Real Estate AppraisalsProposed Rule2017-1574807/31/2017DEPARTMENT OF THE TREASURYTreasury DepartmentThe OCC, Board, and FDIC (collectively, the agencies) are inviting comment on a proposed rule to amend the agencies' regulations requiring appraisals of real estate for certain transactions. The proposal would increase the threshol … The OCC, Board, and FDIC (collectively, the agencies) are inviting comment on a proposed rule to amend the agencies' regulations requiring appraisals of real estate for certain transactions. The proposal would increase the threshold level at or below which appraisals would not be required for commercial real estate transactions from $250,000 to $400,000. This proposed change to the appraisal threshold reflects comments the agencies received through the regulatory review process required by the Economic Growth and Regulatory Paperwork Reduction Act (EGRPRA) and completed in early 2017. For commercial real estate transactions with a value at or below the proposed threshold, the amended rule would require institutions to obtain an evaluation of the real property collateral that is consistent with safe and sound banking practices if the institution does not obtain an appraisal by a state certified or licensed appraiser.real-estate-appraisalsFR-Doc-2017-15748
Amendments to the Capital Plan and Stress Test Rules; Regulations Y and YYRule2017-0225702/03/2017FEDERAL RESERVE SYSTEMFederal Reserve SystemThe Board is adopting a final rule that revises the capital plan and stress test rules for bank holding companies with $50 billion or more in total consolidated assets and U.S. intermediate holding companies (IHCs) of foreign banking o … The Board is adopting a final rule that revises the capital plan and stress test rules for bank holding companies with $50 billion or more in total consolidated assets and U.S. intermediate holding companies (IHCs) of foreign banking organizations. Under the final rule, large and noncomplex firms (those with total consolidated assets of at least $50 billion but less than $250 billion, nonbank assets of less than $75 billion, and that are not U.S. global-systemically important banks) are no longer subject to the provisions of the Board's capital plan rule whereby the Board may object to a capital plan on the basis of qualitative deficiencies in the firm's capital planning process. Accordingly, these firms will no longer be subject to the qualitative component of the annual Comprehensive Capital Analysis and Review (CCAR). The final rule also modifies certain regulatory reports to collect additional information on nonbank assets and to reduce reporting burdens for large and noncomplex firms. For all bank holding companies subject to the capital plan rule, the final rule simplifies the initial applicability provisions of both the capital plan and the stress test rules, reduces the amount of additional capital distributions that a bank holding company may make during a capital plan cycle without seeking the Board's prior approval, and extends the range of potential as-of dates the Board may use for the trading and counterparty scenario component used in the stress test rules. The final rule does not apply to bank holding companies with total consolidated assets of less than $50 billion or to any state member bank or savings and loan holding company.amendments-to-the-capital-plan-and-stress-test-rules-regulations-y-and-yyFR-Doc-2017-02257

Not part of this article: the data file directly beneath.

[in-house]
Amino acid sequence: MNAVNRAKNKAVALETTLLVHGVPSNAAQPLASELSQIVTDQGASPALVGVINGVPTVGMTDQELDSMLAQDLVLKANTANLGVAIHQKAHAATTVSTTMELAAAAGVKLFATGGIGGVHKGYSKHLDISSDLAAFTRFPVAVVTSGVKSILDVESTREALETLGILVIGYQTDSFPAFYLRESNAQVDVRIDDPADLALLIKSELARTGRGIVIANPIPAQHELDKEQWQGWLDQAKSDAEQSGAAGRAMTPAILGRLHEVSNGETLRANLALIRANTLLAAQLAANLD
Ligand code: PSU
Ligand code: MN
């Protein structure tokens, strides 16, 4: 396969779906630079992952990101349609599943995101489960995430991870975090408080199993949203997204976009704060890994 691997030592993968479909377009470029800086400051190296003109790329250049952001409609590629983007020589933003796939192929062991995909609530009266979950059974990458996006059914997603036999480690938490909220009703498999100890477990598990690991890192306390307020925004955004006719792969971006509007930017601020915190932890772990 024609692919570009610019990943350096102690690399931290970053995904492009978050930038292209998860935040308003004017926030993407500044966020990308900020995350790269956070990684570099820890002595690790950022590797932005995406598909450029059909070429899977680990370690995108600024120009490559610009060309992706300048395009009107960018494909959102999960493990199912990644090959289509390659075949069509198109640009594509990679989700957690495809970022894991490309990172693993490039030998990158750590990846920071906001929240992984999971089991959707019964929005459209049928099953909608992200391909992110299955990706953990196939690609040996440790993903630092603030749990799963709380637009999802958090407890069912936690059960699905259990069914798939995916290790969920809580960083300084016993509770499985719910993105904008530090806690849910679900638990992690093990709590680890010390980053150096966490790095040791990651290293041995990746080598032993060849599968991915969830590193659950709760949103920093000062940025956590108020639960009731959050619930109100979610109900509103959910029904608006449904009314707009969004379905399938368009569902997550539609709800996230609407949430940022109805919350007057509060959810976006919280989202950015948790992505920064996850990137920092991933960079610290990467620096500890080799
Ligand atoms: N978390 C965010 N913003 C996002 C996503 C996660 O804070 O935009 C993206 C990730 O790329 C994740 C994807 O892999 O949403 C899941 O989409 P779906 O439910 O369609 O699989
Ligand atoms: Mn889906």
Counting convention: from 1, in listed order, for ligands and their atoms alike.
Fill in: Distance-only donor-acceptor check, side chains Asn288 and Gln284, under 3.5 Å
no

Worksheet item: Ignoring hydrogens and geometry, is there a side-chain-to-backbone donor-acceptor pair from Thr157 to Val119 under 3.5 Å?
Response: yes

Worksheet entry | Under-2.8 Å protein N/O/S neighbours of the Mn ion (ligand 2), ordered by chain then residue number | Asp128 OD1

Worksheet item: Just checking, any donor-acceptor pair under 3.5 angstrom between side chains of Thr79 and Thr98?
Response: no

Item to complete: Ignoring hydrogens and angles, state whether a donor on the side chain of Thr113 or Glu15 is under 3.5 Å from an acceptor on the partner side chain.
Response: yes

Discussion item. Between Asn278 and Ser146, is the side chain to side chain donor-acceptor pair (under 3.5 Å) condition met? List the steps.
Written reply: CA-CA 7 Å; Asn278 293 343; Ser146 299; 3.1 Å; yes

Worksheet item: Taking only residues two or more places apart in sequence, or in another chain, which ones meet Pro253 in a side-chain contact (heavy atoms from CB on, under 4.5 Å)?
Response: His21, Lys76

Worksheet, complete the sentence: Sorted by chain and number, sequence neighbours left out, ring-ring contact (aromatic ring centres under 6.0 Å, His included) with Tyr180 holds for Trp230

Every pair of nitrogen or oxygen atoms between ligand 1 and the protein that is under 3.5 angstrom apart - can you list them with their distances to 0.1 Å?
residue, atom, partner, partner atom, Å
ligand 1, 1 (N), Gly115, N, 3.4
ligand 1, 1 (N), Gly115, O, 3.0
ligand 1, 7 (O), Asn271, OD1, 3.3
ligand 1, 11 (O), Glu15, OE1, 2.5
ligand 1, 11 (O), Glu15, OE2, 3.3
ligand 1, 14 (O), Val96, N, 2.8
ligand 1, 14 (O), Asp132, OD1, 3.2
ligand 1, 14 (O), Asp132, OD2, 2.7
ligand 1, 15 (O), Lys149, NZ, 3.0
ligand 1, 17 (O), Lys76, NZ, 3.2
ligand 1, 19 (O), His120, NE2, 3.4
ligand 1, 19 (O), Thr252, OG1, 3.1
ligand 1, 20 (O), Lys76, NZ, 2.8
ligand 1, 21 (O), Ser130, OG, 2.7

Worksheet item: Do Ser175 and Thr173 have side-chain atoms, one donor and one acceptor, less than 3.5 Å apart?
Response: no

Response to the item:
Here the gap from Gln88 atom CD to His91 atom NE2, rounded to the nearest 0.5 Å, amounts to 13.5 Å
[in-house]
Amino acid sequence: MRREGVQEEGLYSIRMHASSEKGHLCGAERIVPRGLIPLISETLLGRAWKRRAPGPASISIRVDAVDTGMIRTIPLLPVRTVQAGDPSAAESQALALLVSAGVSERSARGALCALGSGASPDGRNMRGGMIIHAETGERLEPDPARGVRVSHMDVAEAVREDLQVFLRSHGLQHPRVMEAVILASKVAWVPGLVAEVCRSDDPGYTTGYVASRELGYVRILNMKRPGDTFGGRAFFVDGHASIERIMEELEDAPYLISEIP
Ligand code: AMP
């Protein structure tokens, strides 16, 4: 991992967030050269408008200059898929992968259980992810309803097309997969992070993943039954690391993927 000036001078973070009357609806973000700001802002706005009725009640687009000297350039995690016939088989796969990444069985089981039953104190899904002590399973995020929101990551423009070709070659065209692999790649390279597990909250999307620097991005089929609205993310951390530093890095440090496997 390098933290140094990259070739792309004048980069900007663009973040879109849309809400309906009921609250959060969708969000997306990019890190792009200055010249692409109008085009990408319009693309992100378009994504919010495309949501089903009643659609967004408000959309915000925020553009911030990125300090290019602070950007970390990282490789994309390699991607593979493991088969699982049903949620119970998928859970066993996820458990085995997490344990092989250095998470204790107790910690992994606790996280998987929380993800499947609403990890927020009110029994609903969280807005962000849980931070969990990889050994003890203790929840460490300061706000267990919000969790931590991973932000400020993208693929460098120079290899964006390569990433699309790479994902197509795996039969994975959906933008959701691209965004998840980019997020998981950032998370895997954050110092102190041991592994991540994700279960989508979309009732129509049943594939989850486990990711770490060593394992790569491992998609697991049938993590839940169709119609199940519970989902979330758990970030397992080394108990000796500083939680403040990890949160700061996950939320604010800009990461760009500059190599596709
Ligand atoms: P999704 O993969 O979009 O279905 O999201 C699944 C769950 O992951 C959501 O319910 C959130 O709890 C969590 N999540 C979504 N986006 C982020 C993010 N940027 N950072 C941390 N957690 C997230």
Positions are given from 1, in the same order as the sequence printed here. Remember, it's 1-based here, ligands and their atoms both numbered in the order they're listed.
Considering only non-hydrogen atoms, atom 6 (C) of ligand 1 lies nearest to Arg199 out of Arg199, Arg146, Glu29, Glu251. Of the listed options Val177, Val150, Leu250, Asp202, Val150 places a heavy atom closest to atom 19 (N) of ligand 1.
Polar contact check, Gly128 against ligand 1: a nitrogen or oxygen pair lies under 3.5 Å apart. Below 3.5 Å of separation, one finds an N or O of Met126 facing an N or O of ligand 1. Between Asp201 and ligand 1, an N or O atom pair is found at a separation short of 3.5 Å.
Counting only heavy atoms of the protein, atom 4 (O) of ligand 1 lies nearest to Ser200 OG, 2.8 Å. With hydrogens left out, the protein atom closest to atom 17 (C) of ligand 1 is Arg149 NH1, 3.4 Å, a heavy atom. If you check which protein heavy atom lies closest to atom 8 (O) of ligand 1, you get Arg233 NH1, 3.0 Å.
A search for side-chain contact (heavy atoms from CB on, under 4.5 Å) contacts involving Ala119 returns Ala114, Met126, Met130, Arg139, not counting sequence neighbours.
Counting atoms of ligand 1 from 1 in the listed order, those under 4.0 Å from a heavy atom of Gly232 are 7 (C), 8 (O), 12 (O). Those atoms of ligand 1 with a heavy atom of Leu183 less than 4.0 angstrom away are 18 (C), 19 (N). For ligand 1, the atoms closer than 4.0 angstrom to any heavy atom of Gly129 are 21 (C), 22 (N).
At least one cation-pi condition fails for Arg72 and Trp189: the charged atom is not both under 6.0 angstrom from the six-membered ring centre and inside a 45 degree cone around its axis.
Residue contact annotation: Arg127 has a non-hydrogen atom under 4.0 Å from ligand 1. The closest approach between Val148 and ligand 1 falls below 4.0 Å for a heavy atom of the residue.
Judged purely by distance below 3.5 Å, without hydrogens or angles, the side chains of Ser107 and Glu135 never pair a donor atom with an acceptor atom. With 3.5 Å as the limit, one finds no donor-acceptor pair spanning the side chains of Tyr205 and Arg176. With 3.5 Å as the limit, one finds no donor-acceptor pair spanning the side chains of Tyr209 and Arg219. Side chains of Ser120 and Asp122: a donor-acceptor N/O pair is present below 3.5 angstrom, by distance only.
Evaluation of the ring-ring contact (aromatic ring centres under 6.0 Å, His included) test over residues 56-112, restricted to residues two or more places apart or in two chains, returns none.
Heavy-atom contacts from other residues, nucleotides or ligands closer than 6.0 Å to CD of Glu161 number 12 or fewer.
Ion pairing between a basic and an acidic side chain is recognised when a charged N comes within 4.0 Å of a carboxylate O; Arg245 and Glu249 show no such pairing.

Total Loss-Absorbing Capacity, Long-Term Debt, and Clean Holding Company Requirements for Systemically Important U.S. Bank Holding Companies and Intermediate Holding Companies of Systemically Important Foreign Banking OrganizationsRule2017-0043101/24/2017FEDERAL RESERVE SYSTEMFederal Reserve SystemThe Board is adopting a final rule to require a U.S. top-tier bank holding company identified under the Board's rules as a global systemically important bank holding company (covered BHC) to maintain outstanding a minimum amoun … The Board is adopting a final rule to require a U.S. top-tier bank holding company identified under the Board's rules as a global systemically important bank holding company (covered BHC) to maintain outstanding a minimum amount of loss-absorbing instruments, including a minimum amount of unsecured long-term debt. In addition, the final rule prescribes certain additional buffers, the breach of which would result in limitations on the capital distributions and discretionary bonus payments of a covered BHC. The final rule applies similar requirements to the top-tier U.S. intermediate holding company of a global systemically important foreign banking organization with $50 billion or more in U.S. non-branch assets (covered IHC). The final rule also imposes restrictions on other liabilities that a covered BHC or covered IHC may have outstanding in order to improve their resolvability and resiliency; these restrictions are referred to in the final rule as ``clean holding company requirements.''total-loss-absorbing-capacity-long-term-debt-and-clean-holding-company-requirements-for-systemicallyFR-Doc-2017-00431